Sports administration at any level is difficult. From being a treasurer or manager at a local footy club where everyone is a volunteer right through to the chair of a multi-million-dollar-a-year sporting code, difficult decisions must be made.
This year’s NRL season has been notable due to a mid-season directive that is currently playing out. Mid-season changes are rare and should really be avoided at all costs and this has been a significant argument against the current high tackle furore, alongside the argument that they are changing the fabric of the game itself, whatever that may mean.
The NRL crackdown is certainly rare, but not unique as there is a parallel situation to the NRL crackdown unfolding on the other side of the world: one that is many, many times bigger than the NRL. This sport is going through a similar identity crisis at this very moment.
Major League Baseball is undergoing one its most significant crises since the steroid era in the late ’90s and early 2000s. This crisis is similar to the issues with high tackling in the NRL. The organisation is tasked with operating the league has spent so much time ignoring the issue that it now has come to a head midway through the season.
Baseball is one of the most statistically measured sports on the planet. There would be very few sports that have even a tenth of the measurements available that can be used to measure and more importantly predict outcomes. But one stat is getting a great deal of attention: spin rate, or more accurately, the massive increase in spin rates.
Measuring spin rates is a relatively new phenomenon but has been increasingly scrutinised as a measure for a pitcher’s ability to make batters miss. But something new is happening in 2021. The delicate balance between hitter and pitcher match-ups has tilted too far and pitchers are dominating. Batting averages are falling, and strike outs are rising, fast.
There are a couple of aspects at play causing the ball to be in play less, including the increase in batters hitting for power and a change in game balls over the off-season. But the ultimate issue at play is the use of a foreign substance by pitchers.
An MLB rule states that pitchers may not have “on his person, or in his possession, any foreign substance”. This rule has some fascinating historical context, but it’s quite clear that use of foreign substances is illegal and has been for a long time.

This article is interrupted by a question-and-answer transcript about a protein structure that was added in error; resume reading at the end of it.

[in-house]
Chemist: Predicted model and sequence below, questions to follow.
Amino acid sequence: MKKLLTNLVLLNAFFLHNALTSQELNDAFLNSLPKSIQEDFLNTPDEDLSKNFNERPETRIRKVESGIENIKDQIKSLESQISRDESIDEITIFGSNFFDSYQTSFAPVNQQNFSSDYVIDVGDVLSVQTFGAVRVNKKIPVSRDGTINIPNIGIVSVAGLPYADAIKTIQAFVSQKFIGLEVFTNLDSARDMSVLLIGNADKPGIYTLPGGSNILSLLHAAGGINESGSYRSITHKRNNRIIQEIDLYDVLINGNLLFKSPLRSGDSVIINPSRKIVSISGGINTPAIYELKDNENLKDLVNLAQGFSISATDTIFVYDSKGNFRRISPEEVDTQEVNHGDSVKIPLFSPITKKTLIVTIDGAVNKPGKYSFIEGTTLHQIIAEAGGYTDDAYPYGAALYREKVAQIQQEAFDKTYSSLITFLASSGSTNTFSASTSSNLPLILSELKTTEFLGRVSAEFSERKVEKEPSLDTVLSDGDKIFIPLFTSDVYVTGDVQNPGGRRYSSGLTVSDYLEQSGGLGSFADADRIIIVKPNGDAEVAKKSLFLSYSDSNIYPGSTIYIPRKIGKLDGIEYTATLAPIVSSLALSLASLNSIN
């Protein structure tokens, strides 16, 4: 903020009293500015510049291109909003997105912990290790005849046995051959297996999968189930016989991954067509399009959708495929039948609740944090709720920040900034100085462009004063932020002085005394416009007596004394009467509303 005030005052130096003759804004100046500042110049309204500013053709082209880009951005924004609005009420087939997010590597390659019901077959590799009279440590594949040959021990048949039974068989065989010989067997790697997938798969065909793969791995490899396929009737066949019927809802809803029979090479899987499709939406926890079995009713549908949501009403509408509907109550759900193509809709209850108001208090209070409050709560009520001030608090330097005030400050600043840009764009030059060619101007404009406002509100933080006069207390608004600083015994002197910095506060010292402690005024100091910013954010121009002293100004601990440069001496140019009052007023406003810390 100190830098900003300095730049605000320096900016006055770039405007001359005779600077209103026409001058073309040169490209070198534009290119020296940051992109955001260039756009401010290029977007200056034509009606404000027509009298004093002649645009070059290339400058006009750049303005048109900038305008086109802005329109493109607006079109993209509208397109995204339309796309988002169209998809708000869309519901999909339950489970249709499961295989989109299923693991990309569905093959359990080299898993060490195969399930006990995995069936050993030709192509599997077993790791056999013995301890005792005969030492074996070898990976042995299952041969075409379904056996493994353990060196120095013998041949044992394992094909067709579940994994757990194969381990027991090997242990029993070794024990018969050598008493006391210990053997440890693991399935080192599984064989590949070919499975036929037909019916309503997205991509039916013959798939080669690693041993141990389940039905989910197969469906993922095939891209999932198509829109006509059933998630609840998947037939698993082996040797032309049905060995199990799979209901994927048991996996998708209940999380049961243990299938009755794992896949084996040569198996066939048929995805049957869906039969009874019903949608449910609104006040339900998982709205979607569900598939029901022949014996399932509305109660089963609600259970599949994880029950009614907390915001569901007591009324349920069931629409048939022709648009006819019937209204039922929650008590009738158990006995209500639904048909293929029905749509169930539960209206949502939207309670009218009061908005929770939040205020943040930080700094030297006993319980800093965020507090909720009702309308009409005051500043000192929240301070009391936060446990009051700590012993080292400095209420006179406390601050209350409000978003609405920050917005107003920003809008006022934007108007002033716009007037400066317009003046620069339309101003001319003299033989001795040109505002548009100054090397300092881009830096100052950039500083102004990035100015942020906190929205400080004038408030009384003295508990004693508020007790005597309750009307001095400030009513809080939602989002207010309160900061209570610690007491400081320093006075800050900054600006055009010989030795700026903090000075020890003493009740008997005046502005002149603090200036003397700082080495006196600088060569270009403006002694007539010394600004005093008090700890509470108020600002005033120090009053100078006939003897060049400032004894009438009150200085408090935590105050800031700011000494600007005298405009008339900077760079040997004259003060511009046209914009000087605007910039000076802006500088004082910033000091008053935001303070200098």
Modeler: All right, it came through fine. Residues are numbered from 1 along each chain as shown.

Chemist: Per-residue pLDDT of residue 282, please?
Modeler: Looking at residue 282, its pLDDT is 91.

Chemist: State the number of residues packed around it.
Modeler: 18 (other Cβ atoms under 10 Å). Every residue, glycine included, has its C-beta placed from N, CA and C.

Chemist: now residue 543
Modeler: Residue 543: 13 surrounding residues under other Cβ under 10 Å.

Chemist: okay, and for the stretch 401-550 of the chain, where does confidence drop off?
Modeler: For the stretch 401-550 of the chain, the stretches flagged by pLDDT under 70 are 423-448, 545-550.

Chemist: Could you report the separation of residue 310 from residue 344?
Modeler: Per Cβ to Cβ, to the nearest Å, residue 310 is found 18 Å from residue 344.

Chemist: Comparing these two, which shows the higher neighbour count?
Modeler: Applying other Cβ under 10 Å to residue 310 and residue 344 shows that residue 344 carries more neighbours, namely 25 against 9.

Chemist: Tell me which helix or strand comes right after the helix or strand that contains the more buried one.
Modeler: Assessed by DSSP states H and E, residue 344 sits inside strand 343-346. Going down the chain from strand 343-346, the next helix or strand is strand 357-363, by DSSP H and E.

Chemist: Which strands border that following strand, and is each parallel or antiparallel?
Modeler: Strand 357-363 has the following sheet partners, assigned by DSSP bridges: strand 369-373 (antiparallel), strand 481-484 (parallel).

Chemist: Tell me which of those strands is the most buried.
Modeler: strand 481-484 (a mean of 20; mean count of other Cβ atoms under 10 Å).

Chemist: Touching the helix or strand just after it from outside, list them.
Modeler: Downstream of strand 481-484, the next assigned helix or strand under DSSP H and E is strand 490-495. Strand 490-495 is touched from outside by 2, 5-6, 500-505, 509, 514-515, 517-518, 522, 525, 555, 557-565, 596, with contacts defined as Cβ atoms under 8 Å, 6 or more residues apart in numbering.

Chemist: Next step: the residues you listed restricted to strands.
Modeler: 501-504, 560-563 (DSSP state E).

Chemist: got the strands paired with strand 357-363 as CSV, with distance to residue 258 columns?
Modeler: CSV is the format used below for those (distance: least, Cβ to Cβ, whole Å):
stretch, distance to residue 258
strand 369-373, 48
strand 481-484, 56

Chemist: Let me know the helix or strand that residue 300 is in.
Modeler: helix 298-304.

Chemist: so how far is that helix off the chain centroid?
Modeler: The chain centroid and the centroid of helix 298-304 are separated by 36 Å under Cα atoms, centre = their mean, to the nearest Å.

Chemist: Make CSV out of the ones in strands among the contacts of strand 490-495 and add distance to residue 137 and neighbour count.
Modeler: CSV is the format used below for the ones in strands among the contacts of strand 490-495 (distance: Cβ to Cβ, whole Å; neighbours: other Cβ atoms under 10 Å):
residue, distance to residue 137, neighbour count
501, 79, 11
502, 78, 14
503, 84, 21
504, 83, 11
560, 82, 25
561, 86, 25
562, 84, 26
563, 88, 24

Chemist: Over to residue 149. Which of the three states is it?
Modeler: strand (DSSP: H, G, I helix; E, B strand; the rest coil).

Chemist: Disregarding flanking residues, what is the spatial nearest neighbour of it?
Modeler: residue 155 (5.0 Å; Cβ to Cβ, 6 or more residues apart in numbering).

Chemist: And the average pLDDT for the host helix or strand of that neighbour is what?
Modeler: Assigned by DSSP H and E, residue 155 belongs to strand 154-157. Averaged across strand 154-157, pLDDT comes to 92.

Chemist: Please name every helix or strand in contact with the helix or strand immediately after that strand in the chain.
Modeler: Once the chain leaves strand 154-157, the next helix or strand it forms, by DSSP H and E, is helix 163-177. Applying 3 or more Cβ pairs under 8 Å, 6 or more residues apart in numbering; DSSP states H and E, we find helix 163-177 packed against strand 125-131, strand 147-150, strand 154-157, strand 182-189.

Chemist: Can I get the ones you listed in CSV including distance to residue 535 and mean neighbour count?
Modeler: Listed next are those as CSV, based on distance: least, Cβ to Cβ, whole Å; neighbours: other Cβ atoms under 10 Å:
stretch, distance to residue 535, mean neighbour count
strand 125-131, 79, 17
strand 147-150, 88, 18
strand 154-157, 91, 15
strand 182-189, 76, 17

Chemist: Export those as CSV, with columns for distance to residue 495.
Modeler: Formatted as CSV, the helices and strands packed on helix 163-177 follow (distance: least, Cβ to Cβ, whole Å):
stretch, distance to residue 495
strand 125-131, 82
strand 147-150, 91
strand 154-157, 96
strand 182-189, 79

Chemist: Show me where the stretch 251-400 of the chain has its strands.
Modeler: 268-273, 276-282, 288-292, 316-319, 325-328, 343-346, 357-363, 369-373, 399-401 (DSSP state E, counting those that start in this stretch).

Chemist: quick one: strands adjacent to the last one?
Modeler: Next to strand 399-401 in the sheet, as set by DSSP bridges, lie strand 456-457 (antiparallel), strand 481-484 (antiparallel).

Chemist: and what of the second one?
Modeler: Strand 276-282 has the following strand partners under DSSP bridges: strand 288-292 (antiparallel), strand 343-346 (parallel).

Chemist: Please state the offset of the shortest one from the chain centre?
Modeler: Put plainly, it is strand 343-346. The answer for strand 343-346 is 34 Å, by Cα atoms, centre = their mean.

Yet the MLB had previously gone down the same route that the NRL has with high tackles, turning a blind eye to the initially minor infractions and allowing the issue to fester for too long.
MLB pitchers have been experimenting and using increasingly better substances that improve the pitchers’ grip, which in turn increases spin rates and the amount of swings and misses.
These substances have become so sticky and the rule breaking is so clear that the MLB has had to act 60 games into the season. From next week pitchers identified to have used foreign substances will be suspended for ten games and more importantly cannot be replaced in the roster.
Already, with this attention, there have been a couple of pitchers whose spins rates have dropped significantly and a farcical mid-game confiscation of a pitcher’s hat. Will it change the balance between pitchers and batters back? But more importantly, is the change wanted by opposing players, as more grip did ensure better pitch command and less accidental hit-by-pitches?
And this is where the point of sports administration being difficult comes full circle. Sometimes a decision must be made that is unpopular, for the benefit of the game – or in the case of the NRL, player safety – even if the problem has come about through inaction by the administrative body to police their own set of rules.
Whether the average fan likes it or not, high tackles are illegal in the NRL and high tackles with direct contact with the head or neck, which are deemed forceful, have always been an offence that is listed as an act of foul play that can result in a player being temporarily suspended from the game or removed entirely.
The sin bin for high tackles, if anything, has been under-utilised for several seasons now. The NRL has allowed foul play to creep into the game to a point that became untenable.
The rule for high tackles is quite clear. A player commits a misconduct when affecting or attempting to affect a tackle makes contact with the head or neck of an opponent intentionally, recklessly or carelessly. But the NRL have failed, time after time, to adjudicate this rule at its most fundamental level, so we got to a stage where a player had their jaw broken in a tackle without a penalty.
The anger by fans that the game has been changed is understandable in many ways. League fans have become accustomed to high tackles being play on despite the rules directing the referees otherwise.
Many fans see this as an attack on the fabric of the game, but that’s a redundant argument as the word spectacle does not appear in the rule book. Nor does the word accidental appear alongside high tackle.
The NRL has been incredibly ham-fisted with the mid-season change. Not through making a direction, but the inability to produce a protocol for referees to follow when appraising the level of punishment required.
It’s an administrative blunder as bad as not adjudicating high tackles until the middle of 2021 or allowing the sticky stuff to dominate baseball.
The way forward for the NRL is easy enough: create a protocol and stay the course. If the high tackle directive is walked back, and it seems it might be heading that way, the NRL as an organisation have failed at its primary role: to administer and run the league.
Administration is hard, but that’s why the likes of Peter V’landys and Andrew Abdo get paid more than the local footy club treasurer.